When referencing the title of something (which is normally italicized) in quotes, is it written like this:

David Guggenheim uses the title "Waiting for Superman"

or like this?

David Guggenheim uses the title "Waiting for Superman"


Style guide preferences on the question of whether to use quotation marks or italics for titles of works vary depending on the guide and on the type of work that the title is associated with. But whatever the type of title, I have never seen a style guide recommend using both italics and quotation marks for the whole thing except in the context of dialogue such as this:

"What movie are you going to see?"

"Burden of Dreams."

For nonspecialist U.S. writers, the two most influential style guides are Chicago Manual of Style and The Associated Press Stylebook. As it happens, they disagree about whether writers should use italics or quotation marks to indicate a film title. AP would render a typical film title as

"My Dinner With Andre"

while Chicago would render it as

My Dinner with Andre

But in the present case, the poster has chosen an unusually complicated title to ask about. As you can see from this lobby placard, the title of the film in question is Waiting for "Superman"—that is, the last word in the title is originally enclosed in quotation marks. Consequently, the choices for rendering the film's title in a way that preserves the original punctuation would seem to come down to

"Waiting for 'Superman'"


Waiting for "Superman"

It would certainly do no good to put the whole title simultaneously in italics and in quotation marks, as the poster suggests doing—

"Waiting for Superman"

—because that would ignore the placement of quotation marks around the word Superman in the original title.

Both Chicago and AP offer guidelines that are more or less relevant to this particular case. AP's as usual, are relatively skeletal:

composition titles Apply the guidelines listed here to book titles, computer game titles (but not software titles), movie titles, opera, titles, play titles, song titles, television program titles, and the titles of lectures, speeches and works of art. ...

—Put quotation marks around the names of all such works except the Bible and books that are primarily catalogs of reference material. In addition to catalogs, this category includes almanacs, directories, dictionaries, encyclopedias, gazetteers, handbooks and similar publications.

AP then lists, among its numerous examples, "Gone With the Wind," "Of Mice and Men," "For Whom the Bell Tolls" and "Time After Time." Most of these are both novel titles and movie titles, but that is of no consequence to AP, since it applies its quotation mark rule to almost all types of titles (as noted above).

Chicago's guidelines for handling titles are much more detailed, distinguishing between short story titles (quotation marks) and novel titles (italics), for example. Here is the relevant advice from Chicago:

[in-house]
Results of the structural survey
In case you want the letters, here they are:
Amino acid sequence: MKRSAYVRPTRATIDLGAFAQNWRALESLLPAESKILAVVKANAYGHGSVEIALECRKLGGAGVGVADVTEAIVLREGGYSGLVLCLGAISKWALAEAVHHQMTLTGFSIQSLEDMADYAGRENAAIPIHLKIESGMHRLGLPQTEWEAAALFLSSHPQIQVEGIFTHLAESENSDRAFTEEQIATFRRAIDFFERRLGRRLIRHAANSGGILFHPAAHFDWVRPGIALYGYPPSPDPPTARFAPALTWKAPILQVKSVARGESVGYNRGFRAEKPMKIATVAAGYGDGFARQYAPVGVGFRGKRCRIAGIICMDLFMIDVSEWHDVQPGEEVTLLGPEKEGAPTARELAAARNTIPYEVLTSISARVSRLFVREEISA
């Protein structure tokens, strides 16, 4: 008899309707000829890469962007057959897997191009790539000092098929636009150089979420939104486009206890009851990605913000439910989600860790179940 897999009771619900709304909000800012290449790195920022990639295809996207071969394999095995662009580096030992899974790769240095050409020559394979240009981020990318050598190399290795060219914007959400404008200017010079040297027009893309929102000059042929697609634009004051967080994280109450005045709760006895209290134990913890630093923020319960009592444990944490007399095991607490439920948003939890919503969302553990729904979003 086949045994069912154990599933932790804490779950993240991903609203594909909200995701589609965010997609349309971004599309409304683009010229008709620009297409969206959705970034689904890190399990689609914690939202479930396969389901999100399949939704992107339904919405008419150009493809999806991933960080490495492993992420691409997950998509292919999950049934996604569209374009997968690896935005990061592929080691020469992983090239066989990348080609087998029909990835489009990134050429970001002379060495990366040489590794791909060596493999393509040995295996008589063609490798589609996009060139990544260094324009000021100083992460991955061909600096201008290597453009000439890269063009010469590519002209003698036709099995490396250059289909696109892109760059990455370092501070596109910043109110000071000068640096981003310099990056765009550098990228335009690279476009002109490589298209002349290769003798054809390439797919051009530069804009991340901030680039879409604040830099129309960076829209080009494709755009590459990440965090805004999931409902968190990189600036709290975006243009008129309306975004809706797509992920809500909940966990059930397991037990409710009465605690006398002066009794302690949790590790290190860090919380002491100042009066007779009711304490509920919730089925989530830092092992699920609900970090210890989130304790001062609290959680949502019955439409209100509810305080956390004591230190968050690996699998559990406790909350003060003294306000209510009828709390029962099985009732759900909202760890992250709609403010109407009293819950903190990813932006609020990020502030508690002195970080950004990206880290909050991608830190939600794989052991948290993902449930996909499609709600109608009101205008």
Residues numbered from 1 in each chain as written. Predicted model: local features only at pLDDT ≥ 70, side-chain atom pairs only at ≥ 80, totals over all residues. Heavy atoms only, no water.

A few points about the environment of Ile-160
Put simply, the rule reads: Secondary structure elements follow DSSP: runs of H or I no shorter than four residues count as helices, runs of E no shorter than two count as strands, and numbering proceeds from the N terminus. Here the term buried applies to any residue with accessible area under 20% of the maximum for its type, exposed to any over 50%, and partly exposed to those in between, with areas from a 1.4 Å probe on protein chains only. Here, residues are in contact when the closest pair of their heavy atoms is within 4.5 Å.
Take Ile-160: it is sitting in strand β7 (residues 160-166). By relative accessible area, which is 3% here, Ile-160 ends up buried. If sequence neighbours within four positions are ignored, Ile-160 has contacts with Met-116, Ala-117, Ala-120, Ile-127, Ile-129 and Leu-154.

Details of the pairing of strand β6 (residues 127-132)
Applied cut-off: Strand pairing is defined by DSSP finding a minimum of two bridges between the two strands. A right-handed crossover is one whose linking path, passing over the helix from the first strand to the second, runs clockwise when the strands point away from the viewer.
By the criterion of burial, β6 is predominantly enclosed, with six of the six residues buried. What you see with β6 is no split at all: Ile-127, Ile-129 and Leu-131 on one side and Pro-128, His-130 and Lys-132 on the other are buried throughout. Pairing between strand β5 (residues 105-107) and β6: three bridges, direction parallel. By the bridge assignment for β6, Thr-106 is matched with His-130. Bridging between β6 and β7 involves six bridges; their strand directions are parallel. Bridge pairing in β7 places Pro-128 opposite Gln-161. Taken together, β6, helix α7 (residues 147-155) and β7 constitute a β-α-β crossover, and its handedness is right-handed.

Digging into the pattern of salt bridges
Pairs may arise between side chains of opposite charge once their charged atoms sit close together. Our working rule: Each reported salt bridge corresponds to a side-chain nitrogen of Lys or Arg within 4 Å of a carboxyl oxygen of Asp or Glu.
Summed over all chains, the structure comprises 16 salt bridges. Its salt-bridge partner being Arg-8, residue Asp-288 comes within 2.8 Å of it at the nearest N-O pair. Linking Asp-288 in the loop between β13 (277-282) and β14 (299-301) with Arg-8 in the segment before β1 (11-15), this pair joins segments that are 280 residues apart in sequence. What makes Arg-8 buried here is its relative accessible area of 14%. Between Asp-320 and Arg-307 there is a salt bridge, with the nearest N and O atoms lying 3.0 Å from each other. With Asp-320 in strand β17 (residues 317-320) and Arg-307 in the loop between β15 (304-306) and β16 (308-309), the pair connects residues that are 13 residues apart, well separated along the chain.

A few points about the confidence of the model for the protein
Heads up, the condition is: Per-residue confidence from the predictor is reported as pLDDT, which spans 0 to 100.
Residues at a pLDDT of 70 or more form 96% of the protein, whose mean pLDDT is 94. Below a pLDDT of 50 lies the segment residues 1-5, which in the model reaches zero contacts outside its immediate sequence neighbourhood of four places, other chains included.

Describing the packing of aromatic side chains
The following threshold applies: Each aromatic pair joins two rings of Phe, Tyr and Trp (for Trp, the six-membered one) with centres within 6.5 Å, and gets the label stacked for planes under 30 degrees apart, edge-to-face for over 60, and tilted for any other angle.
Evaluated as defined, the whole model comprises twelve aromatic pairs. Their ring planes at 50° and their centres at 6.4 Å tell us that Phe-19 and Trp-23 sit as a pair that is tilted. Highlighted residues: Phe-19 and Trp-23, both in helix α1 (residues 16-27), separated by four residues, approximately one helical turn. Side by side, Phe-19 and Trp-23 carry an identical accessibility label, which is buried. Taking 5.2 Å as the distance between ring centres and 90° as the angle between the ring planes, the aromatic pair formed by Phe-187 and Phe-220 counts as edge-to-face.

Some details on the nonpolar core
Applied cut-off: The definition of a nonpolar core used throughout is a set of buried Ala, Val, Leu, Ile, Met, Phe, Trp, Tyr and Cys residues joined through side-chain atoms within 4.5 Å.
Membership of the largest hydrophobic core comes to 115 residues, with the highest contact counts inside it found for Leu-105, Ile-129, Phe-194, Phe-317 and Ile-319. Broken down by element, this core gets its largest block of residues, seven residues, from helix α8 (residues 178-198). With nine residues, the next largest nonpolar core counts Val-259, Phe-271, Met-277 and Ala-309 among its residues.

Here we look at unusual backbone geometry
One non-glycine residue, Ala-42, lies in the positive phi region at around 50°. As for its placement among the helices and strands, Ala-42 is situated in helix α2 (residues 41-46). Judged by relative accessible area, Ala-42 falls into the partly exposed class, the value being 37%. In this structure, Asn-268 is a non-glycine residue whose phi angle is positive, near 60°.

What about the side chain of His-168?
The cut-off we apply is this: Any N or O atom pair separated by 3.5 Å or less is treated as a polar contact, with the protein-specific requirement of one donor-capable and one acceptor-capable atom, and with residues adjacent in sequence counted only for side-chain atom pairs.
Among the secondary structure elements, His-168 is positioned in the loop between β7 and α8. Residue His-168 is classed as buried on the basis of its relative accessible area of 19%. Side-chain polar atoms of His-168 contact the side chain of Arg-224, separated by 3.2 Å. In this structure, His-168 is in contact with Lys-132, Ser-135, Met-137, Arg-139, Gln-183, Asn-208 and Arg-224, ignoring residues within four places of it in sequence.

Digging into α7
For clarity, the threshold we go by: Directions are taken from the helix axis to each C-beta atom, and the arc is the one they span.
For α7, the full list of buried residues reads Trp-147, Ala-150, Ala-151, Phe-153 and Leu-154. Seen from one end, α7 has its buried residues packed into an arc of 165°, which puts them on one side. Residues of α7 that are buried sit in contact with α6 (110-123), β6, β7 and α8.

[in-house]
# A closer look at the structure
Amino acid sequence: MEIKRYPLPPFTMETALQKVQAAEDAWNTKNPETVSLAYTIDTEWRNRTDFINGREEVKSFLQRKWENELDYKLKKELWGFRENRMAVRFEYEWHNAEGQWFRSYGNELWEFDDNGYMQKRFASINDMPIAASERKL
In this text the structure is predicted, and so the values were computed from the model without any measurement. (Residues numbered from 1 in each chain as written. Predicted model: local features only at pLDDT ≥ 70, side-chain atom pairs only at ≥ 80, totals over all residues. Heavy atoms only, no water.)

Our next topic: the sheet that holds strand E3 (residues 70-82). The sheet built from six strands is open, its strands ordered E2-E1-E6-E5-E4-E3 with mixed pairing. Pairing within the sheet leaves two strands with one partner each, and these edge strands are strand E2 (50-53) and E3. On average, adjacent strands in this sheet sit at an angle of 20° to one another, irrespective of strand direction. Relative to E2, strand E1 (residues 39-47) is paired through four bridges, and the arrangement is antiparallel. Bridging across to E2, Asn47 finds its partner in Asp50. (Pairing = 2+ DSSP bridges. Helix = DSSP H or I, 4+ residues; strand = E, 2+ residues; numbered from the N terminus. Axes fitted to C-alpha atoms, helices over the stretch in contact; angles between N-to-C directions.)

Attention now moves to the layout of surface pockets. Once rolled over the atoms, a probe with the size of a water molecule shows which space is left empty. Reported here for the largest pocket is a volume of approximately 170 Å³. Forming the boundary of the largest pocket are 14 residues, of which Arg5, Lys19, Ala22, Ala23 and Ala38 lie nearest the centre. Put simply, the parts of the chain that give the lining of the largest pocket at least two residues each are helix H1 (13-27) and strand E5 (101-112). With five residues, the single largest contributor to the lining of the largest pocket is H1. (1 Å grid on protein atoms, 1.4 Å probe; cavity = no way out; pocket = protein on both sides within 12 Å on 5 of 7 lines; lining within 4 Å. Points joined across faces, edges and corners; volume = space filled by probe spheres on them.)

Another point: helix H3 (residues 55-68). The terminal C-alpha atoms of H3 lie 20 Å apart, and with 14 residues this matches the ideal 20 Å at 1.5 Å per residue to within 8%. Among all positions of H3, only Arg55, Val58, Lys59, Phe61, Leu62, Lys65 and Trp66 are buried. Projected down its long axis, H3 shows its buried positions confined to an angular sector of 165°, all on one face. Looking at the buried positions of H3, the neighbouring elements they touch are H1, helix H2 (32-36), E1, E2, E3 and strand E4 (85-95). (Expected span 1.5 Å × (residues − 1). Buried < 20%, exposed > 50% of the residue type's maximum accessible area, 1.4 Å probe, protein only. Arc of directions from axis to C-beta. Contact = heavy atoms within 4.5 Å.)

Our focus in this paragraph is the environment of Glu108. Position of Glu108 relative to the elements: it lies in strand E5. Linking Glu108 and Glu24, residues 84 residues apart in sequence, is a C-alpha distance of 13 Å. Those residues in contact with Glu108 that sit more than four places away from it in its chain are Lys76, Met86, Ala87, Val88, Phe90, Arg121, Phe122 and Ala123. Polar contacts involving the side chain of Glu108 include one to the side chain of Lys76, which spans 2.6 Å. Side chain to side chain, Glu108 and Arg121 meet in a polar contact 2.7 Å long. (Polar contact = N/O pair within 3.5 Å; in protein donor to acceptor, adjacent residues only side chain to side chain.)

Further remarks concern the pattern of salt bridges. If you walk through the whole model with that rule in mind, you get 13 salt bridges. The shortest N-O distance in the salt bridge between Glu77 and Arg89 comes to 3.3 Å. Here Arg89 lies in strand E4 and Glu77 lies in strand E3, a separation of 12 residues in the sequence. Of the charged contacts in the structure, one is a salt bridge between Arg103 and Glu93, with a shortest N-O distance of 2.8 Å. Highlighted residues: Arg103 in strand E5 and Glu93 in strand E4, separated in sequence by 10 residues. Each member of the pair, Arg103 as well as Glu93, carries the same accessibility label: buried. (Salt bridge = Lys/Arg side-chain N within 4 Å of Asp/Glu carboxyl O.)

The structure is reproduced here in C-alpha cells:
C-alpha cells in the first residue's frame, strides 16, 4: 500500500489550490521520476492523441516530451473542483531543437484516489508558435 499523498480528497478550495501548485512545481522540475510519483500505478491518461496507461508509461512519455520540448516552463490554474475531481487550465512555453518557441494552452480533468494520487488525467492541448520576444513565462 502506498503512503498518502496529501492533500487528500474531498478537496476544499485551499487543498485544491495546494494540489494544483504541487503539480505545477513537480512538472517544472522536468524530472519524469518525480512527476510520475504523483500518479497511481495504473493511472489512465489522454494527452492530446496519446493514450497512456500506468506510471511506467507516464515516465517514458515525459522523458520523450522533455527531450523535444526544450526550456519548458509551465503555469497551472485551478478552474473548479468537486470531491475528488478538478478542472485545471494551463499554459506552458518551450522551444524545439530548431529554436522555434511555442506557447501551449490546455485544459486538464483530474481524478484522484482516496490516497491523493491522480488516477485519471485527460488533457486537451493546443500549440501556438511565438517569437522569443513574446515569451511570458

8.185 Titles of movies and television and radio programs and series. Titles of movies and of television and radio programs and series are italicized. A single episode in a television or radio series is set in roman and enclosed in quotation marks. [Relevant film examples:] Gone with the Wind[;] The Godfather, Part II


4.102 Titles within titles. Titles of long or short works appearing within an italicized title are enclosed in quotation marks, regardless of how such titles would appear alone. [Relevant examples:] The Harmonistic Organization of "The Rite of Spring"; Annotations to "Finnegans Wake"[.] Quotation marks within a book title do not, of course, always denote another title. [Relevant example:] "Race," Writing, and Difference[.]

Referring to these fragments of advice from Chicago, we can identify the following points: The work in question is a film, so the title should be in italics; and the word "Superman" appears in quotation marks in the title, so the quotation marks should be retained in references to the title.


According to AP style preferences, the proper way to render the OP's example wording is

David Guggenheim uses the title "Waiting for 'Superman'"

According to Chicago style preferences, the proper way to render the OP's example wording is

David Guggenheim uses the title Waiting for "Superman"

  • Some might say you haven't solved it yet. On official posters and elsewhere the official lettering is WAITING FOR "SUPERMAN". Or without the caps, Waiting for "Superman". – AmE speaker Dec 20 '17 at 22:20

Either or but not both. Also, I would add a comma.

David Guggenheim uses the title, "Waiting for Superman."

David Guggenheim uses the title, Waiting for Superman.


On reflection I would reserve double quotes for dialog and use single quotes in this situation.

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David Guggenheim uses the title, 'Waiting for Superman.'

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